Preparations for Cop26 are far from satisfactory, with four in 10 countries missing a deadline to reveal how they plan to cut emissions, the UN’s climate chief said.
With the UN summit only three months away, the end of July was the cut-off for nations to submit their detailed strategies.
They must strive to meet the Paris Agreement’s goal of limiting global warming to no more than 2°C of that in pre-industrial times.
But of its 191 signatories, only 110 have submitted their plans.
“It is still far from satisfactory, since only a little over half the parties have met the cut-off deadline,” said Patricia Espinosa, the executive secretary of the UN Framework Convention on Climate Change.
“I call on those countries that were unable to meet this deadline to redouble their efforts and honour their commitment under the Paris Agreement.”
The ambition of the 110 plans that were submitted in time “also needs to be enhanced”, Ms Espinosa said.
The actions promised in early submissions would fail to meet the 2°C goal, let alone the preferred target of 1.5°C, she said.
“I truly hope that the revised estimate of collective efforts will reveal a more positive picture,” she said.
The US submitted its plans in April after President Joe Biden rejoined the agreement, which his predecessor Donald Trump had sought to abandon.
The blueprint signed off by Mr Biden calls for emissions to be reduced by 2030 to half their level in 2005.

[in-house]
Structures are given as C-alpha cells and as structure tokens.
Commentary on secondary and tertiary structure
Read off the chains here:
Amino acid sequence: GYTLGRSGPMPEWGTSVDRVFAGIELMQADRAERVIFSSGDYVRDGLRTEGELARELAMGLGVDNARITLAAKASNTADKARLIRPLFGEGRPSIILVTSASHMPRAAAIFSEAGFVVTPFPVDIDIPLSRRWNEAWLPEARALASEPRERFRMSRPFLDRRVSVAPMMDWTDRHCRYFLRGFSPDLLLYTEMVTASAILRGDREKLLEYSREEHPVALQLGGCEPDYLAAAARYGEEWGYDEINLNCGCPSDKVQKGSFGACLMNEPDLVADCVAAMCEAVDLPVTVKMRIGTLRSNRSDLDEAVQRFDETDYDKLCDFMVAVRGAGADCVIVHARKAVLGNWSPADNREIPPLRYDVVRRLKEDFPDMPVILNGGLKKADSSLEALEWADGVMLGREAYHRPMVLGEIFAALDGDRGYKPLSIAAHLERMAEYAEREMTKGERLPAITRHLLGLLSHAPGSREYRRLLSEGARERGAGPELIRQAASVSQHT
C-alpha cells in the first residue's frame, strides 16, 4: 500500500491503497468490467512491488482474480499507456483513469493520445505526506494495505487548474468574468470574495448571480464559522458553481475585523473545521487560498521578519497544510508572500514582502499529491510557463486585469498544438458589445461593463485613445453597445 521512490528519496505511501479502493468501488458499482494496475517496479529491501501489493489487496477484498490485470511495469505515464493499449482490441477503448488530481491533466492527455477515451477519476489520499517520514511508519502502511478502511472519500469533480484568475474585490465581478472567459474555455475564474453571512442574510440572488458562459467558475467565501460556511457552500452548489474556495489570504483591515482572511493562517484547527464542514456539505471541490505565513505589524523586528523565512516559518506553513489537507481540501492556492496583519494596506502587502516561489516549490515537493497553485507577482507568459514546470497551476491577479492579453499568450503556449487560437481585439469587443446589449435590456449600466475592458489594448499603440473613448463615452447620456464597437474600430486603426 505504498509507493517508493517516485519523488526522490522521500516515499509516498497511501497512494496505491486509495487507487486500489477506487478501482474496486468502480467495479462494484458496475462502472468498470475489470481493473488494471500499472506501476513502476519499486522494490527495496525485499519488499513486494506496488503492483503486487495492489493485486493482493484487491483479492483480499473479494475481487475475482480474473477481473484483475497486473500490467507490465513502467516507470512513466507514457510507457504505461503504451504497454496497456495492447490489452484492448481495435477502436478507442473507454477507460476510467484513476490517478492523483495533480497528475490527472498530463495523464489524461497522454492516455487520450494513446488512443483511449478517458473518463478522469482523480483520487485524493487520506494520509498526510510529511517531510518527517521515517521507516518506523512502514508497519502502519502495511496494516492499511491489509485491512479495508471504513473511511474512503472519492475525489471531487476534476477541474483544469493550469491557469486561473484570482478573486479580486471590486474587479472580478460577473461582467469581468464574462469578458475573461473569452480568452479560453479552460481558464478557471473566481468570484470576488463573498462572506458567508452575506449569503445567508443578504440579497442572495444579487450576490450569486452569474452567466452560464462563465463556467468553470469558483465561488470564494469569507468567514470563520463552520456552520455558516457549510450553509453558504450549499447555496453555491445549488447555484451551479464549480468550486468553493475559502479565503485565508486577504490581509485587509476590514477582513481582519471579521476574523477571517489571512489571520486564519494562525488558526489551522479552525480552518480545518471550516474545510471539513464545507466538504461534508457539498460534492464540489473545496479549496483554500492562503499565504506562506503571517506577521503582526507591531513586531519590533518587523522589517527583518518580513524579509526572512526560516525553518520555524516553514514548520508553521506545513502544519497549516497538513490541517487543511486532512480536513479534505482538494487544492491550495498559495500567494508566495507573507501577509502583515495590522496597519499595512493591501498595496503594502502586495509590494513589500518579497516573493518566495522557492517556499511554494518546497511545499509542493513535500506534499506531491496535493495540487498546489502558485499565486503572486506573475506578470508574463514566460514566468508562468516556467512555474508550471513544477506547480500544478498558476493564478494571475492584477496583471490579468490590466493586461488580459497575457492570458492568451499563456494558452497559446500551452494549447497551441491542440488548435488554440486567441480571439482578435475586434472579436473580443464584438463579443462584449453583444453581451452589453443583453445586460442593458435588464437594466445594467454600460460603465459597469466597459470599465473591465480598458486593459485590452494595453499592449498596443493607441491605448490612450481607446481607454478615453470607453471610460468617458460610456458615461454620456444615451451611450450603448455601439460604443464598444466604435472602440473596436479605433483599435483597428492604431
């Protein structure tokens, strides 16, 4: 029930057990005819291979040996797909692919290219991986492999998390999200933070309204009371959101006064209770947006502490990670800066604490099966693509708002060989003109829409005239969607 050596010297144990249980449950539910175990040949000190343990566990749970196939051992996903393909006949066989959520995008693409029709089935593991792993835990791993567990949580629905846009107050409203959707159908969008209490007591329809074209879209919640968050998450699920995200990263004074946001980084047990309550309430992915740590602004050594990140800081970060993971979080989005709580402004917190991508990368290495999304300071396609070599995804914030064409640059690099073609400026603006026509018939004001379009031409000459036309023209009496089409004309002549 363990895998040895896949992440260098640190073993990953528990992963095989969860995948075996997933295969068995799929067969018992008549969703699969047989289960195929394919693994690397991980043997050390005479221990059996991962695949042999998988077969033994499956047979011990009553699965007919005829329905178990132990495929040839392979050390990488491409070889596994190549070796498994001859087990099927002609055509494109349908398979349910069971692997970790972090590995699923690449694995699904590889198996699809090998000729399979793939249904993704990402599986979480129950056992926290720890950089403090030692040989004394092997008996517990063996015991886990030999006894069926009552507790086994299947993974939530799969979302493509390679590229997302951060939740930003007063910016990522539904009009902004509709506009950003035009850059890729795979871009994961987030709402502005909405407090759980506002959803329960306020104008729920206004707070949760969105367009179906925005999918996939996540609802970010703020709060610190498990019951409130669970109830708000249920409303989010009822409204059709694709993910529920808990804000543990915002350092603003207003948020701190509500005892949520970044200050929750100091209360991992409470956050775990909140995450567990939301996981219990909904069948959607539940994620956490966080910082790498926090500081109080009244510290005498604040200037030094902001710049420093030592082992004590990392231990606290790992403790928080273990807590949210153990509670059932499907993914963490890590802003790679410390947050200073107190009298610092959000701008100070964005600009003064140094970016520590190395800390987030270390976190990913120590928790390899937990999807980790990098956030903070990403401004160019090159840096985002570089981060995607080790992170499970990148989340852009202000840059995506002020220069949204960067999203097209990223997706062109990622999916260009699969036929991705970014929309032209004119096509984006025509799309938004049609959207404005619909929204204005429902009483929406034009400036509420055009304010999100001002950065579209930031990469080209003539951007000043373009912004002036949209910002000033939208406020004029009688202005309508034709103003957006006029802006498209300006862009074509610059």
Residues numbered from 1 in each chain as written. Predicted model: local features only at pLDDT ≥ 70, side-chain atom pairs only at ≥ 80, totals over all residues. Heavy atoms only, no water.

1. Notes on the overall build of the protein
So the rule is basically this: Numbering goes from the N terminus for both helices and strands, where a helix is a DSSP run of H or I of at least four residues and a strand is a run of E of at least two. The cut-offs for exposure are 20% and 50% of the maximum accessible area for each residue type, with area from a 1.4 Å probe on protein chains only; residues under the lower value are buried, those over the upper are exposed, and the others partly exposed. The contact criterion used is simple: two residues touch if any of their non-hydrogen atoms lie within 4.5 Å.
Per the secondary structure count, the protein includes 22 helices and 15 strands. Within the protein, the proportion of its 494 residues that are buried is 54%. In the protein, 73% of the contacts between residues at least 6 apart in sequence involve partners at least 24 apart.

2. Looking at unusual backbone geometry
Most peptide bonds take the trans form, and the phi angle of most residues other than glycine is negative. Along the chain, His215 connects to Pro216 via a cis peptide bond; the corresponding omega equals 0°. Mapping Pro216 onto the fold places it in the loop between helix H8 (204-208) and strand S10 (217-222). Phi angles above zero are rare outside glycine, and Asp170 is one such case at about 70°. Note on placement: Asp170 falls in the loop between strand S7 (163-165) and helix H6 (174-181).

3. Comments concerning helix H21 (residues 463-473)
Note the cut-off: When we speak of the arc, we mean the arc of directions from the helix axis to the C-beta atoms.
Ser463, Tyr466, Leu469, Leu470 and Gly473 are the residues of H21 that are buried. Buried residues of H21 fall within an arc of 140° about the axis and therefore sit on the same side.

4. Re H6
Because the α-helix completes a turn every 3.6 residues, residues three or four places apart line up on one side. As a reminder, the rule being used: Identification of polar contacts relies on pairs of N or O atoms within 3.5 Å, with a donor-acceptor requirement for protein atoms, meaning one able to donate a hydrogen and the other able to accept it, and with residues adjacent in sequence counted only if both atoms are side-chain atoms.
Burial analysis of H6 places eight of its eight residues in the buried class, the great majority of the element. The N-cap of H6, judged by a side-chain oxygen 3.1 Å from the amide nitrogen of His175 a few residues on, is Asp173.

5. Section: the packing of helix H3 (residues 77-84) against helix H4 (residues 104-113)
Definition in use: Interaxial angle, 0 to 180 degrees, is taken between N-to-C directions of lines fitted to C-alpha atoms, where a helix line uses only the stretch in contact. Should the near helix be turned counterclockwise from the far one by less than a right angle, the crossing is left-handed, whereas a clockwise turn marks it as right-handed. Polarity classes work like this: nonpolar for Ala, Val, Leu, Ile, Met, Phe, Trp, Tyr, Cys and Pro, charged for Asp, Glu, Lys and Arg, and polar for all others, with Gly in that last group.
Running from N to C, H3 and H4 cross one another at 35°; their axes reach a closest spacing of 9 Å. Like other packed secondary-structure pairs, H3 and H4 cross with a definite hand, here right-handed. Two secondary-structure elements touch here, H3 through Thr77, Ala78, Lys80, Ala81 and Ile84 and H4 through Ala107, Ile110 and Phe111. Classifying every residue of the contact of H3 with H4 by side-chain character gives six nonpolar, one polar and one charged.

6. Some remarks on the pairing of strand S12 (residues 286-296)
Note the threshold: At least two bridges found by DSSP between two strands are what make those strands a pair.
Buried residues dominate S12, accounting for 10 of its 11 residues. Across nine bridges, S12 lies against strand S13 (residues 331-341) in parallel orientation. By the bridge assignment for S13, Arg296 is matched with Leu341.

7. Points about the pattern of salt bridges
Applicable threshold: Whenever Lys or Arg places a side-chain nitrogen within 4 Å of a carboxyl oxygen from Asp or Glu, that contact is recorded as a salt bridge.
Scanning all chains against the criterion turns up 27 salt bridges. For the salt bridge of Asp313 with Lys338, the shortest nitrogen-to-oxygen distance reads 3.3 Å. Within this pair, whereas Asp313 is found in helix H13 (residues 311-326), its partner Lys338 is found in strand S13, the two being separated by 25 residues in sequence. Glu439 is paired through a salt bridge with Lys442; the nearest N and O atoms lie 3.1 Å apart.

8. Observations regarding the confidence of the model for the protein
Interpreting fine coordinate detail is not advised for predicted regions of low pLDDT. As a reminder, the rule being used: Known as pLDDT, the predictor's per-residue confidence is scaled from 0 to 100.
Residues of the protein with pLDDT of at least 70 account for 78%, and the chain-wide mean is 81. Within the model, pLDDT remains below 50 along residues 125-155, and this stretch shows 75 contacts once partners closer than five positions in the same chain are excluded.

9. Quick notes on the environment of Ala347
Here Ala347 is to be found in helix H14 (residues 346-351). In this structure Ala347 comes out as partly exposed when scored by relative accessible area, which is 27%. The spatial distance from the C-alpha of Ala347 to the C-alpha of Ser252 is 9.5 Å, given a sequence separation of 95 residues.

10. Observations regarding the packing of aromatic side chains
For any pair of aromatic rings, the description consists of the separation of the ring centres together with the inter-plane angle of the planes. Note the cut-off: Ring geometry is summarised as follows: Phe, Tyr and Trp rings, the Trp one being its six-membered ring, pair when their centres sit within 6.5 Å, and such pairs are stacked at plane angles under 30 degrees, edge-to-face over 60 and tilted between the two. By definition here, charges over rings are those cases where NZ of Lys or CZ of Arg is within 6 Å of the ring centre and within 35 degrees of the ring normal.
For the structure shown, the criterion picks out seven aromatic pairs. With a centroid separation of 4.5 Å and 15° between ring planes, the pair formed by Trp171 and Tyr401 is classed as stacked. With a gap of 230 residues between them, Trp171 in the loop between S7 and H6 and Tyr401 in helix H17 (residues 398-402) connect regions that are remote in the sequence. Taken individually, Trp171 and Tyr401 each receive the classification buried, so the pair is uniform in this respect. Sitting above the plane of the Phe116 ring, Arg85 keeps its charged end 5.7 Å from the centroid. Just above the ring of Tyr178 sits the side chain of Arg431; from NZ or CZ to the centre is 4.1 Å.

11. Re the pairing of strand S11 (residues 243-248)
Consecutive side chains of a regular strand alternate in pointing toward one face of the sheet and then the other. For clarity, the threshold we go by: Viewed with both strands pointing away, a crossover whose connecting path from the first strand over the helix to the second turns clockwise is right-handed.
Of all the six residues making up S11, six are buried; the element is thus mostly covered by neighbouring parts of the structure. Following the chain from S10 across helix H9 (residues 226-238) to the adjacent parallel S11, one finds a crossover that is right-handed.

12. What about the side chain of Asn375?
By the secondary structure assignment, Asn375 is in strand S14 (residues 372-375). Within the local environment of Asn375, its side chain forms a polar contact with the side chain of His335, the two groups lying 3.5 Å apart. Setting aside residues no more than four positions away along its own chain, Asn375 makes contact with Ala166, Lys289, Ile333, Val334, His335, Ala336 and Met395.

China and India are among the major polluters that have yet to submit their plans, officially known as nationally determined contributions.
‘Fault lines remain’
The Paris Agreement set December 31, 2020 as the deadline by which to submit new climate plans. But owing to the Covid-19 pandemic, this was moved to July 31 of this year.
A recent G20 summit was hampered by disagreements over cutting emissions and ended with India writing its dissent into the final communique.
Wealthy countries have been criticised for failing to provide enough support to poorer nations and for continuing to subsidise fossil fuels.
US climate envoy John Kerry said last month that action at Cop26 must go further than the Paris Agreement.
Alok Sharma, the UK government minister overseeing Cop26, said countries needed to bridge divides ahead of the November summit.
“Fault lines remain on some critical issues, and there is more work to do,” he said after the G20 talks.
As the host of Cop26, Britain is gathering pledges from cities and businesses to reduce their net emissions to zero by 2050.
The UK’s own plan, submitted last December, envisages a two-thirds cut in emissions by the end of this decade compared with 1990 levels.
Britain plans to end the sale of new petrol and diesel cars by 2030 and support the shift towards electric vehicles.